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A bipartisan group of US senators continues to move forward on negotiating limited measures to help prevent mass shootings, though a deal is far from assured, senators involved in the talks from both parties said on Sunday.
“There are intensive discussions underway,” Sen. Pat Toomey (R-Pa.) said on CBS’s “Face the Nation.” “It includes people who have not been engaged on this issue in the past. I certainly can’t guarantee any outcome but it feels to me like we are closer than we’ve been since I’ve been in the Senate.”
Sen. Chris Murphy (D-Conn.) who along with Sen. John Cornyn (R-Texas) is leading the bipartisan talks, also said the group is “closer than ever before” to a package of gun measures that can meet the 60-vote threshold needed to overcome a filibuster in the Senate.
“As late as last night, we were engaged in conversations,” Murphy said on CNN’s “State of the Union,” though he remains “anxious about failure.”
House Democrats have proposed a package of gun legislation that would raise the minimum age to purchase some semiautomatic rifles to 21 from 18. There have also been calls for a federal “red flag” law that would allow courts to temporarily take away guns from people because of mental health concerns.
Murphy said one focus of the Senate talks is negotiating measures to identify people in the 18- to 21-year-old age range that could present a danger and prevent them from acquiring guns.
Senators in the group are examining how “to make sure that we aren’t giving a weapon to anybody that has during their younger years a mental health history, a juvenile record. Often those juvenile records aren’t accessible when they walk into the gun store buying as an adult,” Murphy said. Mike Dorning has the latest on the talks.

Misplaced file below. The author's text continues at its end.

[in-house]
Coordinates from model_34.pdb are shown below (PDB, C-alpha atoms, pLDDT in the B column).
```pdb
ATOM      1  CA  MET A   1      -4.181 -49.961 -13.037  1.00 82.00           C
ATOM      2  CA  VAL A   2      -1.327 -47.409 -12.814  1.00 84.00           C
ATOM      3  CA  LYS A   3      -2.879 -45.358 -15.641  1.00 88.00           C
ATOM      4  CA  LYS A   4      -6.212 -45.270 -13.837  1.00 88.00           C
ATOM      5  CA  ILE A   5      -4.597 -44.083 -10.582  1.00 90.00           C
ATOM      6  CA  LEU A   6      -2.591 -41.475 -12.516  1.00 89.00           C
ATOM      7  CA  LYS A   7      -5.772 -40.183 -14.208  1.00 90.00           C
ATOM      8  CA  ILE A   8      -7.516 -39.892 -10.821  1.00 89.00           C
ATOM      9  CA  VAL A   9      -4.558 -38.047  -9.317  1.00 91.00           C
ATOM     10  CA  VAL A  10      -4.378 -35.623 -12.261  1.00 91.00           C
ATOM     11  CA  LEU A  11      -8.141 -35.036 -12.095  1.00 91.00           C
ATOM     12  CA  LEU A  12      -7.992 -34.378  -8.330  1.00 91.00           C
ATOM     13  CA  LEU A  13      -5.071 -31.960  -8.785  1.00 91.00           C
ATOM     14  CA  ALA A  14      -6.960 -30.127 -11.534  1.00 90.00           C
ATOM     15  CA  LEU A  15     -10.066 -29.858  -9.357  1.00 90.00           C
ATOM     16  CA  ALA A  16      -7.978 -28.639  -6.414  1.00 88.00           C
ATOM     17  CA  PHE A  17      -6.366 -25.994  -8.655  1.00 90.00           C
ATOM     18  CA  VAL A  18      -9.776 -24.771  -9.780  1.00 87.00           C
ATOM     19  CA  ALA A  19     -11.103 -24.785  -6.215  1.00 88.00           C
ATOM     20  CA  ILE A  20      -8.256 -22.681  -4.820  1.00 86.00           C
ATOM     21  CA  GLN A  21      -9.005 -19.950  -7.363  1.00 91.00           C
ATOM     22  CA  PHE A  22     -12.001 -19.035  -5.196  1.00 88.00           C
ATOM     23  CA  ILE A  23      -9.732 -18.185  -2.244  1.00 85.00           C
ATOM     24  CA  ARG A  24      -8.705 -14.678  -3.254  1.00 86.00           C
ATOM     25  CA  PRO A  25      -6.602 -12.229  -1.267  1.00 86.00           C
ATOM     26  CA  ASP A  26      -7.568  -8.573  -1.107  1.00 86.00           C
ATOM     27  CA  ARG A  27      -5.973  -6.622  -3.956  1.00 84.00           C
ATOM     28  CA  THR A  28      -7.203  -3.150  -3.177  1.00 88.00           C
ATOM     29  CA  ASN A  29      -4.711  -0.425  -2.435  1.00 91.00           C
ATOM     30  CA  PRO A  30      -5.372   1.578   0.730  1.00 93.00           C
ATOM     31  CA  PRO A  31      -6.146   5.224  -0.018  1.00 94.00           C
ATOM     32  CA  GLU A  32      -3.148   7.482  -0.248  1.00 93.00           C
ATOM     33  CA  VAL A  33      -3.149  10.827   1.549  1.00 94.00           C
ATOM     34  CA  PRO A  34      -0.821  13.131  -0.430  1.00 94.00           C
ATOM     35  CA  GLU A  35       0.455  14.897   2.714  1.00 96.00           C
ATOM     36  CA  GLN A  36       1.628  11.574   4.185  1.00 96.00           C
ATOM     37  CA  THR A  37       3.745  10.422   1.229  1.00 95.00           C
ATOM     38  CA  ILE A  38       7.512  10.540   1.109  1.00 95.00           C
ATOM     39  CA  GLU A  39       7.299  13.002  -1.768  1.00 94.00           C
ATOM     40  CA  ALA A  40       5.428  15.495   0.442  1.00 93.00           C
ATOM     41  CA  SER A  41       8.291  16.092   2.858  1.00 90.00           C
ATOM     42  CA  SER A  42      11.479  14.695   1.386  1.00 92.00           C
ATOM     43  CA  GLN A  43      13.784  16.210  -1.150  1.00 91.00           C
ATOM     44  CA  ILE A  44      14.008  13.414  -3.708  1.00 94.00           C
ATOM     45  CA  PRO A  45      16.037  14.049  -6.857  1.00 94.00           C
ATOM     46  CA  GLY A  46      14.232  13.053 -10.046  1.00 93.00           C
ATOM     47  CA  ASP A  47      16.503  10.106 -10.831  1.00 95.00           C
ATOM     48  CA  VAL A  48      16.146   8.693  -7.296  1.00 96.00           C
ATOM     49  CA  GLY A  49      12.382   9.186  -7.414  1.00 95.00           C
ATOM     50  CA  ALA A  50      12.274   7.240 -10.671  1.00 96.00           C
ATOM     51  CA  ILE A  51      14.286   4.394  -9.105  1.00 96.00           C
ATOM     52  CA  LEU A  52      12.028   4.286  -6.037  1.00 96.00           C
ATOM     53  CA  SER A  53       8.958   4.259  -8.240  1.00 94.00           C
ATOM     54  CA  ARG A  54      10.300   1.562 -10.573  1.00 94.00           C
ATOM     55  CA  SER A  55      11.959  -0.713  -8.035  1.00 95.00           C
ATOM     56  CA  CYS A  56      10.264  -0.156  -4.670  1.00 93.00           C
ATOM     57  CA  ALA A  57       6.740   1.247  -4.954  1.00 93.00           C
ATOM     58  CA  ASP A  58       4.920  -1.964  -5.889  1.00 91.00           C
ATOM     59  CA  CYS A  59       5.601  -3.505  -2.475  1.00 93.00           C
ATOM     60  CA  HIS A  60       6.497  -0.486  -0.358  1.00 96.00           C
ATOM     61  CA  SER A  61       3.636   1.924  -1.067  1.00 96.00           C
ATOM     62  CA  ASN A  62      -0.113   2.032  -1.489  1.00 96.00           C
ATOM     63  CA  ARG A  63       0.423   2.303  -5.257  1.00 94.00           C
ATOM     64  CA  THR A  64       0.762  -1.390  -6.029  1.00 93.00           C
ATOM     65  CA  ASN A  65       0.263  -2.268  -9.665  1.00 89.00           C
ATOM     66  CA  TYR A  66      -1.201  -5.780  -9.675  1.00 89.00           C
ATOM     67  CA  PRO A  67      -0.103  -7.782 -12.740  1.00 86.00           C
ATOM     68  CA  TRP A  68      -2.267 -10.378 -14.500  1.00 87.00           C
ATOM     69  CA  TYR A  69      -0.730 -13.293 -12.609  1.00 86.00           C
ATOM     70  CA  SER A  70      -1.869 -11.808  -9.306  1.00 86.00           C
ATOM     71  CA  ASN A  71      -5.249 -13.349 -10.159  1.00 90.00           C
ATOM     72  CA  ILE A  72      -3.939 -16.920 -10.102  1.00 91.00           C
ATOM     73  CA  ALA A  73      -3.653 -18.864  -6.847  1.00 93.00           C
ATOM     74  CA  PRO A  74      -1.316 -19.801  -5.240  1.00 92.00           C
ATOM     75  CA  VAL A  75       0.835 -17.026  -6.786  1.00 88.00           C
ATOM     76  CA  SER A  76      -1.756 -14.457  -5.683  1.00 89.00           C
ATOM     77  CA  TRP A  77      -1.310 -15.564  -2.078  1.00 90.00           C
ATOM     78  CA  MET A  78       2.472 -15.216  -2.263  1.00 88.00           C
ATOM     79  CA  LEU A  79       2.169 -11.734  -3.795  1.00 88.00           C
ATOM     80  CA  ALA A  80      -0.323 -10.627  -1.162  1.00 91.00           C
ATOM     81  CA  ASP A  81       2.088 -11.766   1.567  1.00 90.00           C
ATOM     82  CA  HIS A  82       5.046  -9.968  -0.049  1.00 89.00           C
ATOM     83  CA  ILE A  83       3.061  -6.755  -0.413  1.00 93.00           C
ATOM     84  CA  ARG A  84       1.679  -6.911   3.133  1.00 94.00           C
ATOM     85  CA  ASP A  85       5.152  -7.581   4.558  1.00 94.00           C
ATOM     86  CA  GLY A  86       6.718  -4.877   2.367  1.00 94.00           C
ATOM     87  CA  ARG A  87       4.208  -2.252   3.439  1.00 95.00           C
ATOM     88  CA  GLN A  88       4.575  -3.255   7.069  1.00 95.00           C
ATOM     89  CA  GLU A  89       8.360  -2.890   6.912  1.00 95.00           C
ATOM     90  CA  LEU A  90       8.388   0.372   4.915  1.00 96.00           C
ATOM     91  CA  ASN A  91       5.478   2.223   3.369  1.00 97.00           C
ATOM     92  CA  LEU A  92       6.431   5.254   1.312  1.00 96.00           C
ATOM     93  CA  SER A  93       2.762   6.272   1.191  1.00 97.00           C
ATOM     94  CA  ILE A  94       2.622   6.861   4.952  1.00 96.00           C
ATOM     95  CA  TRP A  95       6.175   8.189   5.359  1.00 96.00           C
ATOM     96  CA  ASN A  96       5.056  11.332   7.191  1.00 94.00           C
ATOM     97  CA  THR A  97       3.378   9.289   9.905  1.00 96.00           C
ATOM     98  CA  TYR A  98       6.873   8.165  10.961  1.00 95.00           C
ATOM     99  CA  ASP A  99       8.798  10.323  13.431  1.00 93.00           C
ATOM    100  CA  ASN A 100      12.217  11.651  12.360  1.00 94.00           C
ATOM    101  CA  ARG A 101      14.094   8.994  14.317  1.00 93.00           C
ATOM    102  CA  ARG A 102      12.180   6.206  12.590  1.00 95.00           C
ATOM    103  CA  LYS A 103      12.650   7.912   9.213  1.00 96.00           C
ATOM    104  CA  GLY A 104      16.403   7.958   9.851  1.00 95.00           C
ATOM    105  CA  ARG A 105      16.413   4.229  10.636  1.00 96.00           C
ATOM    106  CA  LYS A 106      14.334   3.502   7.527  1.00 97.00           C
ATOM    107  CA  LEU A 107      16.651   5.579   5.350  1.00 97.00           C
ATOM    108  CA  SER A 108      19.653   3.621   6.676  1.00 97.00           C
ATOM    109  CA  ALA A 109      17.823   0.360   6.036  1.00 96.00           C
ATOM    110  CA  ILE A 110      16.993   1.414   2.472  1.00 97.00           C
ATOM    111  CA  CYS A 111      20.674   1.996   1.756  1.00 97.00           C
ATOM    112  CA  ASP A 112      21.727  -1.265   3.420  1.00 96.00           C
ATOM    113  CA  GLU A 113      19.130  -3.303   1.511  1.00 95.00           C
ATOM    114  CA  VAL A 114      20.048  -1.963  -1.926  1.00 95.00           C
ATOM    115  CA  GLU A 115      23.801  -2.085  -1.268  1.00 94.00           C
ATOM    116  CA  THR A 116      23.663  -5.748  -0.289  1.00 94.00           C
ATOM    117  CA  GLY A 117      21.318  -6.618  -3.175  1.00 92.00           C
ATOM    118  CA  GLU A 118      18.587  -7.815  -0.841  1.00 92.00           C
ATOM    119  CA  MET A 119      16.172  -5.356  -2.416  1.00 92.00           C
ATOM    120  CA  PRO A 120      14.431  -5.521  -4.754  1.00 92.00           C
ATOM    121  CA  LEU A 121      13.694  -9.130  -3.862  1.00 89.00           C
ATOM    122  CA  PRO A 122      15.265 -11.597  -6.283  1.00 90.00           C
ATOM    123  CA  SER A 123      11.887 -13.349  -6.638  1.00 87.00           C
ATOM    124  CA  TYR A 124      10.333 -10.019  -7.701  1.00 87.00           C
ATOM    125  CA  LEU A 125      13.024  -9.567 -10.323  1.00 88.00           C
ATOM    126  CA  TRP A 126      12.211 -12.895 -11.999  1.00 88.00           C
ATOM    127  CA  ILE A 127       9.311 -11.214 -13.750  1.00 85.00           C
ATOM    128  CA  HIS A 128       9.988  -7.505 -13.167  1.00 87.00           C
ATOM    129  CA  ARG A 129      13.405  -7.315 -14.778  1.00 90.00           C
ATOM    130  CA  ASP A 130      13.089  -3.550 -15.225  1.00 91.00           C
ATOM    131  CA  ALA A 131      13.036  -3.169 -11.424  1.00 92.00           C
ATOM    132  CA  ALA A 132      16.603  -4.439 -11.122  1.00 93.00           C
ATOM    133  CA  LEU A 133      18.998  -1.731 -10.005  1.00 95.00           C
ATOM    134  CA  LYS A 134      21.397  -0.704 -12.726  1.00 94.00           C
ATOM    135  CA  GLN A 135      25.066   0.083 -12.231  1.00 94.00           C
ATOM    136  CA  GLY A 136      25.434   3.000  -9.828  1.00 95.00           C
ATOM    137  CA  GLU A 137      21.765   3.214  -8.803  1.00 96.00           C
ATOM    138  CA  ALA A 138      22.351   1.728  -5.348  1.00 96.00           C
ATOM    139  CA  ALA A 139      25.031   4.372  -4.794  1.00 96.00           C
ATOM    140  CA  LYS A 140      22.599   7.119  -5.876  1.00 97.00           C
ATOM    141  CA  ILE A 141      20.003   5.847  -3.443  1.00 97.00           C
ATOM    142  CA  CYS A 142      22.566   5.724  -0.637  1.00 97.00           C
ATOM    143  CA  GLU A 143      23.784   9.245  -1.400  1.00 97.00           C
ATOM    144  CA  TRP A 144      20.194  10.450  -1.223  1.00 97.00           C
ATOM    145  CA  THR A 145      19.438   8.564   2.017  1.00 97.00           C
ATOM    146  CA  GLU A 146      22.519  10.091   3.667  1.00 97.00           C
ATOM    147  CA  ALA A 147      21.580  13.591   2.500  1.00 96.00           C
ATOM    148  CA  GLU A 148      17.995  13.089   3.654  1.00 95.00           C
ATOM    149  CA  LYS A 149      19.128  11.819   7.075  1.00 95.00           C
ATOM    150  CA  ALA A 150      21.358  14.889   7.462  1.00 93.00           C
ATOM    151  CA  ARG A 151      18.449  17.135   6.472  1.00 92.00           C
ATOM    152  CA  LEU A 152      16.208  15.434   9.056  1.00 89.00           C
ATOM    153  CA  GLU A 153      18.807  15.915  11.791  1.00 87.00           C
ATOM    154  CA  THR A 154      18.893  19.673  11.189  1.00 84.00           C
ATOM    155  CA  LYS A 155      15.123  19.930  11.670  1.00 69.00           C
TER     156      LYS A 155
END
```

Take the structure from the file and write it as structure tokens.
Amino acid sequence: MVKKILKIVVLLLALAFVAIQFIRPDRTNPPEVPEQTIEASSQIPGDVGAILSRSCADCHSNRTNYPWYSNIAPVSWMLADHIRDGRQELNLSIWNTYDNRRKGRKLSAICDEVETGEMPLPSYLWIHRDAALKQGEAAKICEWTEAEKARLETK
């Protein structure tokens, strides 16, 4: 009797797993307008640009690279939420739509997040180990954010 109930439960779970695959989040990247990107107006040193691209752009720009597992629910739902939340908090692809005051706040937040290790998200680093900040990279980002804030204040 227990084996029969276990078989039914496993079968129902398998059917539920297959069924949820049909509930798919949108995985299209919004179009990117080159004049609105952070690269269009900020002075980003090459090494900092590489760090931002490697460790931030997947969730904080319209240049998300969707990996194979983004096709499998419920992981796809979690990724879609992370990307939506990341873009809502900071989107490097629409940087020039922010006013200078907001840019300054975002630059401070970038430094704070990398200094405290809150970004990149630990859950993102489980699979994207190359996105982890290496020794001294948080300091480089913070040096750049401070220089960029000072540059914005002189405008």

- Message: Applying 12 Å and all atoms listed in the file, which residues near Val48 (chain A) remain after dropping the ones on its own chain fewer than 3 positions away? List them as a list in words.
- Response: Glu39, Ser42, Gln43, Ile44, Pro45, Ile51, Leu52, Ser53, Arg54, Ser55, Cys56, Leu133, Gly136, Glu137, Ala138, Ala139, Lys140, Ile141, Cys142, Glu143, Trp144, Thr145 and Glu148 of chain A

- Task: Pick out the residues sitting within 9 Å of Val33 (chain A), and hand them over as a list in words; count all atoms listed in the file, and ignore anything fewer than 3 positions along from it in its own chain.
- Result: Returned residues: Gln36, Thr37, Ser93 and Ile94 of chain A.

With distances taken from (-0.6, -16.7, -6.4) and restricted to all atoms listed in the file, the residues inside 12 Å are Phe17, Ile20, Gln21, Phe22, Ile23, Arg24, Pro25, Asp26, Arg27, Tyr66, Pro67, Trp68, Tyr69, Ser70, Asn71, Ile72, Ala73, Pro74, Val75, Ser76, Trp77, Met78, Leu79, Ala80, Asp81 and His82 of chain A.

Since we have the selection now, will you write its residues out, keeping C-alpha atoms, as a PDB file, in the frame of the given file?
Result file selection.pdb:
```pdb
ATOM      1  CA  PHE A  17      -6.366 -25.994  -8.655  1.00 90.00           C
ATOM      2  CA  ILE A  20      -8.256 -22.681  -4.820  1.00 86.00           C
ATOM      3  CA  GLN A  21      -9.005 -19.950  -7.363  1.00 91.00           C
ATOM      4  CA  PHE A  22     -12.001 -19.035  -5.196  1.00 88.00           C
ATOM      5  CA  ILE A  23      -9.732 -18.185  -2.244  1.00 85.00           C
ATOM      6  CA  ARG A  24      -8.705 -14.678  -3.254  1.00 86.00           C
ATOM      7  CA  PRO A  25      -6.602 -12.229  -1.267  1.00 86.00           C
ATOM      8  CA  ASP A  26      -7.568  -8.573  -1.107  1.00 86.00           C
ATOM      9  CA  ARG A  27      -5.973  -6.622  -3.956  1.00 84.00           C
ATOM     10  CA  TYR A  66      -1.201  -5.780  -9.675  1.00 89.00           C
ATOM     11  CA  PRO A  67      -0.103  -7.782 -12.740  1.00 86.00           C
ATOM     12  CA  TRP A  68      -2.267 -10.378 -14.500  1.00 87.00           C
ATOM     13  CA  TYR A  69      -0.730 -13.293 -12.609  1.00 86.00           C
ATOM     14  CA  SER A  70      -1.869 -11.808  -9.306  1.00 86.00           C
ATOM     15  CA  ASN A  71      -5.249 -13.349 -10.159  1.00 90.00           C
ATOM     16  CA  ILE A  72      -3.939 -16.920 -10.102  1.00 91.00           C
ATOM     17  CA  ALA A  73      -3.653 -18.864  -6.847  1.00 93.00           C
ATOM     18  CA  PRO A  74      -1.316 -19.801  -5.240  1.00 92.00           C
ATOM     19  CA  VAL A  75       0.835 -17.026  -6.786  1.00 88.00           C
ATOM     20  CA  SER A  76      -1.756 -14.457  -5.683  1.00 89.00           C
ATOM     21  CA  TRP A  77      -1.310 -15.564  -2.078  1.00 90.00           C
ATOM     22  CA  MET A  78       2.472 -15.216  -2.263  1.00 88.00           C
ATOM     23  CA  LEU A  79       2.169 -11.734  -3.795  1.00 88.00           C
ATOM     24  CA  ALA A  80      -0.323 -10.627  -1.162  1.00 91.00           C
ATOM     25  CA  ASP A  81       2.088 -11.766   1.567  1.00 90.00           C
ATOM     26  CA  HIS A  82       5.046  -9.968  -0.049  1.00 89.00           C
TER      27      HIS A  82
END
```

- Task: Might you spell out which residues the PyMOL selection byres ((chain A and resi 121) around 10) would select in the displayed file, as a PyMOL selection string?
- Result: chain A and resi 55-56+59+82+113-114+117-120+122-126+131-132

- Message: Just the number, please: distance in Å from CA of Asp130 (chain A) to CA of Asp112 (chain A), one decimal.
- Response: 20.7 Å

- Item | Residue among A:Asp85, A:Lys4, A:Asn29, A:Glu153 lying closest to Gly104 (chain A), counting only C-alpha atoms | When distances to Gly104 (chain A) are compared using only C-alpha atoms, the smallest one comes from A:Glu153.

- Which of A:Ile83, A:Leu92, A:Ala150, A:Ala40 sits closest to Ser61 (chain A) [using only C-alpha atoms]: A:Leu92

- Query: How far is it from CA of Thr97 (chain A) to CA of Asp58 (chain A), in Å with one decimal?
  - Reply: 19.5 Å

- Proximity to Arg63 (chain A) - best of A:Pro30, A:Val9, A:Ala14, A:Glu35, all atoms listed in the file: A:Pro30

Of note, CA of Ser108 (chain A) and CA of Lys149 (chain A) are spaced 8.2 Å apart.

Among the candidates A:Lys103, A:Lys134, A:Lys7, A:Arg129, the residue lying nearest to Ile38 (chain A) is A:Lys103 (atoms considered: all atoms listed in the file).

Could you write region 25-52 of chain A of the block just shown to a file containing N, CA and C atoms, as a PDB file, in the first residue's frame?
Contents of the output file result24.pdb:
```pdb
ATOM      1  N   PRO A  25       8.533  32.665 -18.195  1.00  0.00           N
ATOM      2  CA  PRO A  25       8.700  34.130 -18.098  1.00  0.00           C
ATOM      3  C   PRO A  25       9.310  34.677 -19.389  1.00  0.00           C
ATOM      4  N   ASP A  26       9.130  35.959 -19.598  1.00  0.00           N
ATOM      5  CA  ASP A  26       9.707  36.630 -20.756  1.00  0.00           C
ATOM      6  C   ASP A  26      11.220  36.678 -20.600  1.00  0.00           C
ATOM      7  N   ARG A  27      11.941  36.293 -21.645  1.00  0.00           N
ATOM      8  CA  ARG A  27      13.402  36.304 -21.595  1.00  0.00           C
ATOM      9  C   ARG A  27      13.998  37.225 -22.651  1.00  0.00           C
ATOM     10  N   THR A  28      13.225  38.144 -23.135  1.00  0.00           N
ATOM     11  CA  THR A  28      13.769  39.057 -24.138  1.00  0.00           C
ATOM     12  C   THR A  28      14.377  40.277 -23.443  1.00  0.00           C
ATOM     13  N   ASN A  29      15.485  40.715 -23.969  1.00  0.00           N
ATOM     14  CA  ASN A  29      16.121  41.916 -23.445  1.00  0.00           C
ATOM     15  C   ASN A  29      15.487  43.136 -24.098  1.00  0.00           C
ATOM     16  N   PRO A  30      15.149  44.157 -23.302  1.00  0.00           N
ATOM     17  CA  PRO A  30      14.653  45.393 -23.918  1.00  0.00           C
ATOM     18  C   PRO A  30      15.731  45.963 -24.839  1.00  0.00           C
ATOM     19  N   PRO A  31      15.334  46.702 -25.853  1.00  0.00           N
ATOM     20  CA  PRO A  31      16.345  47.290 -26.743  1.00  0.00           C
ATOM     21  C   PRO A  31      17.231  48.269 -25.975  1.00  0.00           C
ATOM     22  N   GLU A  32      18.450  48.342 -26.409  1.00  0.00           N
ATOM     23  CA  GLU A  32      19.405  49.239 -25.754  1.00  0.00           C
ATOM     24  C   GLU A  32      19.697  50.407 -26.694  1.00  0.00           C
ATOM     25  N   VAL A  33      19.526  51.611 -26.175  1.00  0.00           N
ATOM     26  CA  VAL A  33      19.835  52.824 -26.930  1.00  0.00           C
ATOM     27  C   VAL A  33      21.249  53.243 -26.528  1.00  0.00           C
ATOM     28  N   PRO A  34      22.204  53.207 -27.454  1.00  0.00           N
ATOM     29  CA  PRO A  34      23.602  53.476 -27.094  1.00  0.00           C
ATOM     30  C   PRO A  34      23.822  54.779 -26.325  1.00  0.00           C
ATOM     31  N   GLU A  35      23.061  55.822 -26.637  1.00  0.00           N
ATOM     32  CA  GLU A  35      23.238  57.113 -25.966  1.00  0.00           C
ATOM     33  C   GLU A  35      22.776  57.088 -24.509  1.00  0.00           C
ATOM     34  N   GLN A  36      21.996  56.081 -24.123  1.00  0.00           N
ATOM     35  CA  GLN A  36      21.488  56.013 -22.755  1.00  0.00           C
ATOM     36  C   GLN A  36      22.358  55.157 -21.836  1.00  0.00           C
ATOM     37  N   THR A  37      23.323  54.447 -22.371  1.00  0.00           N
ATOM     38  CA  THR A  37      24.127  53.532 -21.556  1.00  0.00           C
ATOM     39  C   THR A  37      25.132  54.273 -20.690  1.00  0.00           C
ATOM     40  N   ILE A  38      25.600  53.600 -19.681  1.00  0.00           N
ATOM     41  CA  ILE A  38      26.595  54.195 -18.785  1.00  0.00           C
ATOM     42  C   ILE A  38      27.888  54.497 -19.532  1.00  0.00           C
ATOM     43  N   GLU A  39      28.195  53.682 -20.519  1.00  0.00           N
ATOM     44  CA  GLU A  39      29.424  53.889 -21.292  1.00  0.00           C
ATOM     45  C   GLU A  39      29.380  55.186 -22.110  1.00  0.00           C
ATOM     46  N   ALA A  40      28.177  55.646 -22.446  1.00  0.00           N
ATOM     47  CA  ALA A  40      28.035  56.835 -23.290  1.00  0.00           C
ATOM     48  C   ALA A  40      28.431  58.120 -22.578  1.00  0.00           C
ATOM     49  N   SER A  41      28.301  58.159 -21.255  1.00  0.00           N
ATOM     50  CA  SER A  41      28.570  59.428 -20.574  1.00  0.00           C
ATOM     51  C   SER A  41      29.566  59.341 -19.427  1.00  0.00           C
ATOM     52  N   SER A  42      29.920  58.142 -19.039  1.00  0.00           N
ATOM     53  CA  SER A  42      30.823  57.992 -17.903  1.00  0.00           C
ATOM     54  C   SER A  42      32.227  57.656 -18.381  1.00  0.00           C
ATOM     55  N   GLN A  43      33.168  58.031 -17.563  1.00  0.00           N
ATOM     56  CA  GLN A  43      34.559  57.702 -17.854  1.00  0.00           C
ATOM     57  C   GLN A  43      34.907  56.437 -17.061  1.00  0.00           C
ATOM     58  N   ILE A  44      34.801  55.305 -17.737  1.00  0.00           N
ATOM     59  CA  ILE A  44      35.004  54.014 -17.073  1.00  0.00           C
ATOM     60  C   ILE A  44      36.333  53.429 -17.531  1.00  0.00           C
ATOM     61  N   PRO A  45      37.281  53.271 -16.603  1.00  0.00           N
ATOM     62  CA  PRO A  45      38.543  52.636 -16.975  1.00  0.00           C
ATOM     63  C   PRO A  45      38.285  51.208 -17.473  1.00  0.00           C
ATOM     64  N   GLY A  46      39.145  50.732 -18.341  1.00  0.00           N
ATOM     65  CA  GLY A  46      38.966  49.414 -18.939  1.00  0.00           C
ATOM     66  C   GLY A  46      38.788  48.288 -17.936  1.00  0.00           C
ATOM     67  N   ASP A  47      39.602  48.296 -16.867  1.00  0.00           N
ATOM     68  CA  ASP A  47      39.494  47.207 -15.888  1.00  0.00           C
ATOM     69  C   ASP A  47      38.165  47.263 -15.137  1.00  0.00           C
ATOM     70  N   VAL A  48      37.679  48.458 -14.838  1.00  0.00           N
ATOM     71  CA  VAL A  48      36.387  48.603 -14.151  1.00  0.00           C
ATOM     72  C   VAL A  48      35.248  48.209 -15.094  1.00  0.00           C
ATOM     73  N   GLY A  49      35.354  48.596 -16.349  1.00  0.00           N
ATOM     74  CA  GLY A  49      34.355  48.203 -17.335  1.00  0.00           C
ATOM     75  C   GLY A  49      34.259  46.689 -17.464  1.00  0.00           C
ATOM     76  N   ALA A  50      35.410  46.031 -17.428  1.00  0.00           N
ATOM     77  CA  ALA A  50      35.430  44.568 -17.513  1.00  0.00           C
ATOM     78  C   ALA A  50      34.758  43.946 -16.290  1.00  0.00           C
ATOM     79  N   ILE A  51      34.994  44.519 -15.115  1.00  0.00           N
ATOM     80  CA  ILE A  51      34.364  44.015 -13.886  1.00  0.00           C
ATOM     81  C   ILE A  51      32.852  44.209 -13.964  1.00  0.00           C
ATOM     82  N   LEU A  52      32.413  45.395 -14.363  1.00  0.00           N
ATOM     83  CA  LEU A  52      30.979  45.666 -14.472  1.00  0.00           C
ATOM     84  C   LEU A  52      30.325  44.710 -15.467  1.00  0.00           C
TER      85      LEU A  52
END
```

Happening on the Hill
- The Senate is back at 3 p.m. with a vote set on Biden’s nominee to oversee Air Force personnel.
- House lawmakers return tomorrow for legislative business.
It’s crunch time for House Democrats. The three-week June D.C. work period, one of the last before the November elections, is crammed with a wide array of legislation. Gun control legislation is front and center this week, according to a letter from Majority Leader Steny Hoyer (D-Md.). In addition to previously announced bills on red flag laws and raising the age for some gun purchases, the House will take up a resolution from Rep. Jamaal Bowman (D-N.Y.) condemning a White nationalist conspiracy theory on ethnic replacement espoused by several mass shooters.
The House is also scheduled to vote on two bills under an expedited process requiring a two-thirds majority: the bipartisan Water Resources Development Act and the reauthorization of Food and Drug Administration user fees. Emily Wilkins has the full agenda.
The Senate Banking Committee will vote on Michael Barr’s nomination to be vice chair for supervision of the Federal Reserve on June 8, according to a statement. The committee will also vote that day on the nominations of Jaime Lizarraga and Mark Uyeda to be members of the Securities and Exchange Commission, Megan Howard reports.
Schools and child-feeding sites are bracing for rising costs and supply disruptions as federal meal subsidies run out in weeks. The food assistance, in the form of Agriculture Department waivers authorized since the start of the Covid-19 pandemic, allows schools and child-feeding programs to distribute meals free to kids regardless of family income, and receive federal reimbursement. The waivers expire June 30—barring congressional action to renew them. Read more from Maeve Sheehey.
The US needs to move toward a more reliable way to pay for the nation’s highways and bridges, and will be ready for a vehicle miles-traveled fee in five years, according to House Transportation and Infrastructure Committee Chair Peter DeFazio (D-Ore.). The recently enacted infrastructure law (Public Law 117-58) included more than $100 billion to bail out the Highway Trust Fund, and about $125 million to pilot a national miles-traveled fee and more state mileage tax programs. Read more from Lillianna Byington.